Christmas Run

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It is the best of runs, it is the worst of runs…the Christmas Day run in Birmingham, Alabama. The best because of the optimism, the annual re-setting of life’s goals that Christmas brings, I promise to get fit, promise to write more, promise to be a better man. I believe it for a day. The worst because of the egg casserole this morning, the bottles of Stella Artois last night, the overall gluttony of the season and the hills in every direction. I feel like I’m dragging a blocking sled behind me. I haven’t run in months, that’s an annual plight, somehow caught up with year-end tasks and done in by year-end pessimism. My weight has gone up and my desire has gone down, I’ve been here before.

The good news about spending Christmas Day in a foreign land – I’ve been coming here off and on for 20 years and it’s still foreign – is that you don’t have a lot of responsibilities. Make a drink, recycle the wrapping paper, write down who gives Miles what, that’s about it. Miles, our only child, loves it. He has aunts, uncles, cousins doting on him, lavishing pirate ships and safaris, footballs and reptile dvds. It allows an hour to go for a run – if I could only run for an hour.

I make my way out of the driveway, slowly, knowing the hill looms. It’s the type of hill that keeps you in the house, just knowing it’s out there. Too early in the trip, you can’t warm up to the task, there is no runner’s high, no zone, it’s cold blood. I plod, like a 4-mile chaser on fumes, like Rick’s Natural Star in the Breeders’ Cup. Climbing and cursing, I can feel the plaque stripping off my arteries. I want to throw up and I’ve only run a quarter mile. I hate this hill.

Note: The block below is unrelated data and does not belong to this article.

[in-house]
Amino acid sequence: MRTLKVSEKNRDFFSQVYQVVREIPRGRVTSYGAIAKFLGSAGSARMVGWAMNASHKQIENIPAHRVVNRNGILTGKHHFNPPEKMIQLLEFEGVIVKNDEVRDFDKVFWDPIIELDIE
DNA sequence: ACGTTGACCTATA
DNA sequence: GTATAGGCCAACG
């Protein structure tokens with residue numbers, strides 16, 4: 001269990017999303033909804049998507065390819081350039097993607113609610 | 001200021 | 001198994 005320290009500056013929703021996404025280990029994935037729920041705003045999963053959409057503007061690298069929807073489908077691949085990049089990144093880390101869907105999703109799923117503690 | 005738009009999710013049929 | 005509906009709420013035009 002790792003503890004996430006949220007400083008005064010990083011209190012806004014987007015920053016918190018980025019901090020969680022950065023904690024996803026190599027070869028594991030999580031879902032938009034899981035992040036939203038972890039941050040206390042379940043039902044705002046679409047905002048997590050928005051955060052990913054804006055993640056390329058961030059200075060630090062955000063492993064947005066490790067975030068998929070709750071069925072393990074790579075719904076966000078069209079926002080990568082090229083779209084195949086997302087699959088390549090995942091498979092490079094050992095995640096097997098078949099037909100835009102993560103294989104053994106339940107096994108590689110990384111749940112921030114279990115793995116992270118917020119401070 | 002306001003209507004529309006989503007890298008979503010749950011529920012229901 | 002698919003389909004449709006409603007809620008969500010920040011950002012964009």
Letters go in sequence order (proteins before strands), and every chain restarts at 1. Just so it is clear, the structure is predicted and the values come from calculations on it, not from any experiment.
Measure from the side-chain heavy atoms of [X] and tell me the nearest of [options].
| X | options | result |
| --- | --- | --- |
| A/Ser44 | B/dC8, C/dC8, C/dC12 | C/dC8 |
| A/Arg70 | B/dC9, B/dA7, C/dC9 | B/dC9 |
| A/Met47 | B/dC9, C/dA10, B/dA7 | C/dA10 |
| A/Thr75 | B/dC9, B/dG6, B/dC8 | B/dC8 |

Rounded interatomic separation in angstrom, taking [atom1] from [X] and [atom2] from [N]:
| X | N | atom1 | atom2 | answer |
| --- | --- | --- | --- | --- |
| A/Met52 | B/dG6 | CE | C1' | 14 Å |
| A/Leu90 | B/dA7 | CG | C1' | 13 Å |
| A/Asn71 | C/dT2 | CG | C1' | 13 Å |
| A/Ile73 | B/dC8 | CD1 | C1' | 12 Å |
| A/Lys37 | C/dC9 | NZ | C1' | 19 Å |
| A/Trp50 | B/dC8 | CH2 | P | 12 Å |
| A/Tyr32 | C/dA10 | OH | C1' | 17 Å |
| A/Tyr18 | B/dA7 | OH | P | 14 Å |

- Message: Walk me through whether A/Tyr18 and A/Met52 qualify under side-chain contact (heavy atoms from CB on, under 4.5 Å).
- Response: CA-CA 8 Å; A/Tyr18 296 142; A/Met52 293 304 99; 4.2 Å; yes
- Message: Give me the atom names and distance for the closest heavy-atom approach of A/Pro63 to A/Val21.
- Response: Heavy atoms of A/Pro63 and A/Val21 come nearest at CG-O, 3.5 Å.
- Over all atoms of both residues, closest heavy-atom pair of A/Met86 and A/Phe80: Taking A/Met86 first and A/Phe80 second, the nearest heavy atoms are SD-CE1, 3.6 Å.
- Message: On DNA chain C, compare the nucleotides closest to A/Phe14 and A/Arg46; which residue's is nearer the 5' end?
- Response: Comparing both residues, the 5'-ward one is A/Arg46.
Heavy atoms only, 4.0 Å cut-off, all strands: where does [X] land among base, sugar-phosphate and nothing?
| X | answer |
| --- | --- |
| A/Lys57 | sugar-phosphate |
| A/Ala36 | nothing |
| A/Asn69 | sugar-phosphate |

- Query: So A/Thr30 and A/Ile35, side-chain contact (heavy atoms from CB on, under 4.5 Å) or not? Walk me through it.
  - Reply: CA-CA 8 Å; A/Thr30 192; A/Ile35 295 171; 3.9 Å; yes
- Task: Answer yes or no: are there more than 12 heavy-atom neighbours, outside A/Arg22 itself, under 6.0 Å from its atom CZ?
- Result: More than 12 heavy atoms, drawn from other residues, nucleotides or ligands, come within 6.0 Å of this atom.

At the stop sign, there is a choice, left and uphill, not as steep but still a rise. Right and downhill. Actually, it’s not a choice, I can’t climb another step, I make a right and head downhill, my heart beginning to get back in my chest. My legs feel fine, muscle memory I guess. I could have a heart attack and go right here. Then I see a runner in the distance, he’s going up, I get it together enough to offer a wave and a “Merry Christmas.” It comes out shakily, like Miles’ leftover oatmeal spilling into the sink.

As the hill descends, I start to feel a semblance of control, take my first composed breath. I start to look around – see the reds and greens of wrapping paper muted below the white plastic trash bags already on the curb, a pine tree on its side – a naked shell of its past glory – lying next to a yellow mailbox, a son and daughter-in-law getting in their car to go back to Tuscaloosa or Huntsville, duty done. I make a left, along the double yellow road, hoping drivers are aware of the plodding middle-aged interloper. I make another left, one more line along my square, one more hill, this one is easier to endure, knowing it’s over at the top. I reach the top, slow down to a walk and call it a day. Run over. Christmas over.